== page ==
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The explosive revelation this week from a federal judge that former President Donald Trump signed legal documents that challenged the results of the 2020 election in Georgia despite being told by his lawyer that his voter fraud claims were false illustrates the country’s dire political mess.


In my book, telling lies just isn’t cool. Spreading them is just as bad.  

Just how did the United States of America, beacon of liberty and justice, get so far down a road that election deniers and political liars have so reshaped the landscape that telling the truth is no longer embraced by far too many elected leaders? How did we get to this place in history where facts don’t seem to matter and people argue about things that are as clear as night and day? How did we stop trusting doctors and teachers and police and our leaders?  And how do we get back to a place that Ronald Reagan, quoting from our history, called “the shining city on the hill” — the envy of the world?

When you vote in the November elections this year, we strongly encourage you to look deeply into your choices and determine whether the candidates you support are people who back false claims and false narratives of what’s going on in America or people who embrace traditional concepts like telling and accepting the truth — no matter how hard it may be.

Ask yourself what a candidate is for and if s/he works for the greater good of everyone. Ask yourself whether a candidate is motivated to improve your community, not just gain power for power’s sake.

In short, consider applying a new four-question test to political candidates based on a 24-word creed of business ethics adopted in 1943 by the nation’s Rotary clubs. Some 90 years ago, a Chicago businessman was asked to take charge of a company facing bankruptcy.  

“We believed that ‘in right there is might,’ businessman Herbert J. Taylor later wrote, “and we determined to do our best to always be right.” He developed The Four-Way Test to guide his business and its relationships:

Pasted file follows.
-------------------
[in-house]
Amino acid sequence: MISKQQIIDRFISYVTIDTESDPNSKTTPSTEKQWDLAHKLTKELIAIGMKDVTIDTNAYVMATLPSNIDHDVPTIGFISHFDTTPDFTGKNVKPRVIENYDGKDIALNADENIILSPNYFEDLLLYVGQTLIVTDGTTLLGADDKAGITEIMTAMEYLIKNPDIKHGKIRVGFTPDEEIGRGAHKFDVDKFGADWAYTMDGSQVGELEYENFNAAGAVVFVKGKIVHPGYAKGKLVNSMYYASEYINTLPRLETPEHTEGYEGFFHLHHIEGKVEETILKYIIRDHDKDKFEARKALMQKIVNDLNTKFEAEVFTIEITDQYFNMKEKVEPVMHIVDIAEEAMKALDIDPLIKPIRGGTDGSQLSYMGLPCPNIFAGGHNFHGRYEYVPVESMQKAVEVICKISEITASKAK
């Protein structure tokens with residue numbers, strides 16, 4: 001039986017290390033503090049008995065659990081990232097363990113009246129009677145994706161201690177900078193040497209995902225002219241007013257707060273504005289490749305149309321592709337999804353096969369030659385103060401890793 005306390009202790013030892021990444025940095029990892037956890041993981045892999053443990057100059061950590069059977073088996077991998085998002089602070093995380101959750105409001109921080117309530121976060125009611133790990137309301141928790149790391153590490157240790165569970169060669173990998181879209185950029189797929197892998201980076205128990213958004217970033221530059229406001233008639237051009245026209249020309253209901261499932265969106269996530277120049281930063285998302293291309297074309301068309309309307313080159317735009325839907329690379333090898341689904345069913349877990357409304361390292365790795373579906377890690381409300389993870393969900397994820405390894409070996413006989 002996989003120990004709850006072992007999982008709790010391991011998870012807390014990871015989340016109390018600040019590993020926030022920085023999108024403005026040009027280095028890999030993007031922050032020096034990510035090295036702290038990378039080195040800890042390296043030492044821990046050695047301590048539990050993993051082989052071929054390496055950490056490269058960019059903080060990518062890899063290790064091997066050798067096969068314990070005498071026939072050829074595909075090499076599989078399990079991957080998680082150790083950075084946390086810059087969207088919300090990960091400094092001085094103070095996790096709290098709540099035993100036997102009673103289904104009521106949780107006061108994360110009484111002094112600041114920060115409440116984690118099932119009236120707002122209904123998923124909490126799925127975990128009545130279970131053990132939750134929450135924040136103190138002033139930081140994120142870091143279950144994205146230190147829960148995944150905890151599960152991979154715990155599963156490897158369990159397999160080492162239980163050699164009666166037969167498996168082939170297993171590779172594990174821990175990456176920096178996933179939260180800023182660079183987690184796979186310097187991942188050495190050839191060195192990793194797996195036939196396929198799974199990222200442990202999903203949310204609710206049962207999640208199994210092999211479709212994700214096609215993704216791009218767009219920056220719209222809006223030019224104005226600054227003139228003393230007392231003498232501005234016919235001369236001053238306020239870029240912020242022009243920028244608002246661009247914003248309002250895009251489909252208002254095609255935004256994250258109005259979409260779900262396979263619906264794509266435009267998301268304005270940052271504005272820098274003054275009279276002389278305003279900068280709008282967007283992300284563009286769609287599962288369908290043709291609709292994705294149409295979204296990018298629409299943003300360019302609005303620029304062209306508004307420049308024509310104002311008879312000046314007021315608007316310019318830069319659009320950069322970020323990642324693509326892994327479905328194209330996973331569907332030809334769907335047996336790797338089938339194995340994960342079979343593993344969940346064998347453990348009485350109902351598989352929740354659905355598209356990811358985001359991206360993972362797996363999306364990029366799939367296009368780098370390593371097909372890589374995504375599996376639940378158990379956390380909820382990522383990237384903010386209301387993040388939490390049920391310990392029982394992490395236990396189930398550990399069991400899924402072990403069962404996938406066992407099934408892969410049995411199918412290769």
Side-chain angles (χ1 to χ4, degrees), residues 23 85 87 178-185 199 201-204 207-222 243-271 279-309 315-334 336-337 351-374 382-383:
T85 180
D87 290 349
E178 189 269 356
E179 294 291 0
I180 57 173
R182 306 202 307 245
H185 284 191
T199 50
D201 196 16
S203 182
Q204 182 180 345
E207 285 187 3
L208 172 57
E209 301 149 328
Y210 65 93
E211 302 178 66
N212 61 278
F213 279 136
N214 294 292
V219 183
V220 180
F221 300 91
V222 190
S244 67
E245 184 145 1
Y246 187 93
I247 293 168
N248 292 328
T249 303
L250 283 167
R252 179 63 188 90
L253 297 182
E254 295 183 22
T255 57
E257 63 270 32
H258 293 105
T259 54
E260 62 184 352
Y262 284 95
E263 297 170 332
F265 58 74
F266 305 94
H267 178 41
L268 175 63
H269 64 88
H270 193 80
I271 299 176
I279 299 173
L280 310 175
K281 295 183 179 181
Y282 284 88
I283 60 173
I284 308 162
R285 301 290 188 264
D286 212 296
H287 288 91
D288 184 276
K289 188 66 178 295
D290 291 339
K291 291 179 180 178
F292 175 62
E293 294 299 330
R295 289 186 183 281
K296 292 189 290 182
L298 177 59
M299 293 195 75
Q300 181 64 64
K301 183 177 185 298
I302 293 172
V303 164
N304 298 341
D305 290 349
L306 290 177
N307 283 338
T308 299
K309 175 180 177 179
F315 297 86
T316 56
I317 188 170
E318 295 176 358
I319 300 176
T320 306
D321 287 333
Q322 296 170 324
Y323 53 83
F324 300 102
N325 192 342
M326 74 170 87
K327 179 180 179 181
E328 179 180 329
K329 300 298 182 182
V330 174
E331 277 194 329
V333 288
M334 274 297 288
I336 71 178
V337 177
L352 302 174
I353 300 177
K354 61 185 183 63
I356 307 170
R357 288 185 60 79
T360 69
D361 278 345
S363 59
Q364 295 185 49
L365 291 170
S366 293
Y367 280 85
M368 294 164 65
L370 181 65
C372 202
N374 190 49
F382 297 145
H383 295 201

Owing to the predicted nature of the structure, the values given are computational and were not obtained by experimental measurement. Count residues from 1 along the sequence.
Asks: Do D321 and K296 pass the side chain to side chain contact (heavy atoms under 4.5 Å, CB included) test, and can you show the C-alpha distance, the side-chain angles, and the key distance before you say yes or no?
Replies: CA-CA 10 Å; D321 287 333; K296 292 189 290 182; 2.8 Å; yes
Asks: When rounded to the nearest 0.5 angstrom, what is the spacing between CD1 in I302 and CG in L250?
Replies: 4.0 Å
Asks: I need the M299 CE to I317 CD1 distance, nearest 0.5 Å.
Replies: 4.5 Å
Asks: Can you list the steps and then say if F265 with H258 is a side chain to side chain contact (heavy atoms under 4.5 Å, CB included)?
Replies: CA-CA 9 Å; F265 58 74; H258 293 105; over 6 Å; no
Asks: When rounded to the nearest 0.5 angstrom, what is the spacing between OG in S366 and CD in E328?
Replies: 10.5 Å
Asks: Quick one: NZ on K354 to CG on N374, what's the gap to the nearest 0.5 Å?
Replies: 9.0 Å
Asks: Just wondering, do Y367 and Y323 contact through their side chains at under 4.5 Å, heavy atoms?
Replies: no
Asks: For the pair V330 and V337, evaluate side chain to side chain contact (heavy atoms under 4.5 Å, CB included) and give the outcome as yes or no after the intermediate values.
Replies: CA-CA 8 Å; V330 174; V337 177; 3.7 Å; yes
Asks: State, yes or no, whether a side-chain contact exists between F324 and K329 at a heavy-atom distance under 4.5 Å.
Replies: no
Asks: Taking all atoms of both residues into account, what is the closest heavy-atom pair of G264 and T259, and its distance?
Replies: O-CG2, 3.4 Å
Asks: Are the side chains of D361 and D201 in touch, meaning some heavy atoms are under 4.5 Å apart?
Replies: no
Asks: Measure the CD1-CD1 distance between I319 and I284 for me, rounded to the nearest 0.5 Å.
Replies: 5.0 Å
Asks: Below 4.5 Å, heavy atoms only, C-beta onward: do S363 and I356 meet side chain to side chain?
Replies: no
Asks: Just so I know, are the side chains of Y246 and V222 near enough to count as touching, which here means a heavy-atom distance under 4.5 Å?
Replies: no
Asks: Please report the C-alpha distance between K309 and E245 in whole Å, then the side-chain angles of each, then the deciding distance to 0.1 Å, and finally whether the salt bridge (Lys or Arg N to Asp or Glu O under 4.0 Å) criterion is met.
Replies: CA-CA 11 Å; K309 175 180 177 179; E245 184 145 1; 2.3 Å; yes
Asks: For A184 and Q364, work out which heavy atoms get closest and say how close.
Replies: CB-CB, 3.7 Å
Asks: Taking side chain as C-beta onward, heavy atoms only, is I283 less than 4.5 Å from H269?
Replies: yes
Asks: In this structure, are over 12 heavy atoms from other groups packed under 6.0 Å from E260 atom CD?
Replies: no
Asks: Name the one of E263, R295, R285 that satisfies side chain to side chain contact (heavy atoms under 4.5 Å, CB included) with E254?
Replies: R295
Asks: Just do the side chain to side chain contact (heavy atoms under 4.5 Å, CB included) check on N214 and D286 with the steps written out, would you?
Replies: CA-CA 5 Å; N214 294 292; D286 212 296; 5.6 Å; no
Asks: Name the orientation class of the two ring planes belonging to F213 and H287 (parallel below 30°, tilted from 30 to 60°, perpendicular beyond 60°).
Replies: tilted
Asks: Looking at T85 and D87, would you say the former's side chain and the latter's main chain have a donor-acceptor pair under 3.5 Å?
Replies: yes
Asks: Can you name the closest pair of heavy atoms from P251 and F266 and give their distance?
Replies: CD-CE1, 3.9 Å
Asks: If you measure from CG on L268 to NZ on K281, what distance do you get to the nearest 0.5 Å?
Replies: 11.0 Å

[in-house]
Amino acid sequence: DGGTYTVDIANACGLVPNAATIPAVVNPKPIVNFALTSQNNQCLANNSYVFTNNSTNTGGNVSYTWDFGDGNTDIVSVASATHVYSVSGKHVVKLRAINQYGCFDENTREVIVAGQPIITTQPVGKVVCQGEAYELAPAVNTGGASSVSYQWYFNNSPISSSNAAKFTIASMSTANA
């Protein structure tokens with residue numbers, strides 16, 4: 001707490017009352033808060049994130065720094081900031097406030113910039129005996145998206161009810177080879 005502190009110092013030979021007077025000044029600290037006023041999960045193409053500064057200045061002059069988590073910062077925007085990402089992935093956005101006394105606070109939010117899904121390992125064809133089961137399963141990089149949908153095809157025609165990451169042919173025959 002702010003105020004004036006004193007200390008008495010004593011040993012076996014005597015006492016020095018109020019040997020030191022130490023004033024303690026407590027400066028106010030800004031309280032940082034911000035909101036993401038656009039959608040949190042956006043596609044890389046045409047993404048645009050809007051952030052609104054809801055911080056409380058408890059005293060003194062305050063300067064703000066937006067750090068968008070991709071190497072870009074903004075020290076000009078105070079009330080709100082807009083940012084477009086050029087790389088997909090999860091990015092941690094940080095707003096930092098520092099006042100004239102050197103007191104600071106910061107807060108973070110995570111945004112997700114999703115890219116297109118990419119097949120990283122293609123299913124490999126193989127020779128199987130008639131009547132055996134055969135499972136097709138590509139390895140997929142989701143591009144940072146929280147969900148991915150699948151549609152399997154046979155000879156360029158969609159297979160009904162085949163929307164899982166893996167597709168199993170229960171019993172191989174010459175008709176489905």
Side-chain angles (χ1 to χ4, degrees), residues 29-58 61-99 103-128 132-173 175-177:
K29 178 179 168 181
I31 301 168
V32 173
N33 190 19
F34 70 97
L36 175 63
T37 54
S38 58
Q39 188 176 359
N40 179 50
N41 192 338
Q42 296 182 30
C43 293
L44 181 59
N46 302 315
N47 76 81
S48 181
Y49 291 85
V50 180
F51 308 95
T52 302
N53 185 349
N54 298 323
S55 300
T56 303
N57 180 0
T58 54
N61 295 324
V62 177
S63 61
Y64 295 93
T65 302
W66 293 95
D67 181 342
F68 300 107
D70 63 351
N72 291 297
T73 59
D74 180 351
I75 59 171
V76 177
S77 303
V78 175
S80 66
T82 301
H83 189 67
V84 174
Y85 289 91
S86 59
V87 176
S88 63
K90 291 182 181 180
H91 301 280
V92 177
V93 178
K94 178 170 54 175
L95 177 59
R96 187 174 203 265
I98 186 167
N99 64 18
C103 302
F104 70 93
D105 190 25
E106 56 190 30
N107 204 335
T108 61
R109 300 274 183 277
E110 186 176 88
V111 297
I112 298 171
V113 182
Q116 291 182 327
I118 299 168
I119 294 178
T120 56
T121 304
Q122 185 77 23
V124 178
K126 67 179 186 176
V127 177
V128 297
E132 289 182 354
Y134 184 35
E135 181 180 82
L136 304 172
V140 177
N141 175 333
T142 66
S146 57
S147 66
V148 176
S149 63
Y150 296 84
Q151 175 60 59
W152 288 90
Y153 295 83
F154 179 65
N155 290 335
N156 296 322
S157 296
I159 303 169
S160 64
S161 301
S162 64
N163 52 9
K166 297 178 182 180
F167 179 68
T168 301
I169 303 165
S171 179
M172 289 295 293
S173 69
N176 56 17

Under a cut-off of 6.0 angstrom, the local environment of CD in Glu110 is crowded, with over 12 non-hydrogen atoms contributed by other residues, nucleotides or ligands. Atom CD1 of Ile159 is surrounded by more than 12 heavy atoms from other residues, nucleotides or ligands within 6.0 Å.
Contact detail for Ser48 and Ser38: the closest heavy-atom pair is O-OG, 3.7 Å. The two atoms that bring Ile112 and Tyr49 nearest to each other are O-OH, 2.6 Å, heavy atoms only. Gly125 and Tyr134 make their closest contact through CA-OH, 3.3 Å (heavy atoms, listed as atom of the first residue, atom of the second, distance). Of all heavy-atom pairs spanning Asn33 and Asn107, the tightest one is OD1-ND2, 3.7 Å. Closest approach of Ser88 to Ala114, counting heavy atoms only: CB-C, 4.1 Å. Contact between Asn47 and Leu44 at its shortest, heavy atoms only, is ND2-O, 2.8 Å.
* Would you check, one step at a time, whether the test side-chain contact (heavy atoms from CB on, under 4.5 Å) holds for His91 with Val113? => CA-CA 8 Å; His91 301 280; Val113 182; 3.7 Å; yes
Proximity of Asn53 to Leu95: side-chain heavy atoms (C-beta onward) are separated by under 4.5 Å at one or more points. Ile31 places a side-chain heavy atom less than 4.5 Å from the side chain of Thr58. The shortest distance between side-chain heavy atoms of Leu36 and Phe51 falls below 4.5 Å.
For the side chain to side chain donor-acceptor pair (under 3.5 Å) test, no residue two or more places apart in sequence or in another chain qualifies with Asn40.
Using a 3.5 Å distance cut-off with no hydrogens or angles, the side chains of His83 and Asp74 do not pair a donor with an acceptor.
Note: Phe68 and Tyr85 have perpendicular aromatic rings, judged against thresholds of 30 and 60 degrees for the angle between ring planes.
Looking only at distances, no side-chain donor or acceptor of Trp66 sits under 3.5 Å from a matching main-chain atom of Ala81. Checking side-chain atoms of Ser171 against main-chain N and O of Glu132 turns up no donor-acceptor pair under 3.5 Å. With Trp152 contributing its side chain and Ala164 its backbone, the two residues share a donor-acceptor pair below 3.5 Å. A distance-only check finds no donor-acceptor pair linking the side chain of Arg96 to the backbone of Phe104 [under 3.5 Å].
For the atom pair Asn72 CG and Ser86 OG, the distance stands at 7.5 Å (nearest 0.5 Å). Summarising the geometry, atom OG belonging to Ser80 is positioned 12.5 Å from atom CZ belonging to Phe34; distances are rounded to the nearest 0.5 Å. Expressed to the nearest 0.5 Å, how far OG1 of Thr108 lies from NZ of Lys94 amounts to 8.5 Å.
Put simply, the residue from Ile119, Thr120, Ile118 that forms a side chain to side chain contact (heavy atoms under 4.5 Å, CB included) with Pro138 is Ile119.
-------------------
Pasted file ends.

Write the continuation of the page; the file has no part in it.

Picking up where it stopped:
• Is it the truth?
  • Is it fair to all concerned?
  • Will it build goodwill and better friendships?
  • Will it be beneficial to all concerned?

The guidelines worked and the company prospered. More importantly, lives changed — the kind of changes needed now in America’s gutter politics.

Imagine if America’s politicians were held again to such a high standard. We could get on with the business of prospering, not bickering.

Twenty years after penning the test, Taylor wrote, “We have enjoyed a constant increase in the good will, friendship and confidence of our customers, our competitors and the public and what is even more valuable, a great improvement in the moral character of our own personnel. We have found that you cannot constantly apply the Four-Way Test to all your relations with others eight hours each day in business without getting into the habit of doing it in your home, social and community life. You thus become a better father, a better friend and a better citizen.”

So as you prepare to vote Nov. 8, consider candidates that will lead your communities who tell the truth and are fair. South Carolina — and the United States — needs leaders with integrity, leaders who seek truth and avoid corruption and scandal.  

Apply Rotary’s Four-Way Test to hold this year’s slate of candidates as the standard for them to emulate as they make decisions for everyone, not just people in their political tribe.  

  • Do they tell the truth?
  • Are they fair?
  • Do they work to build goodwill and better friendships?
  • Do they work to be beneficial to all concerned?

There should be consequences for political leaders of any party who tell lies and aren’t fair to everyone they represent. They should become ex-leaders or ex-candidates as soon as possible. The election is just around the corner. Vote.

Andy Brack is editor and publisher of the Charleston City Paper. Have a comment? Send to:

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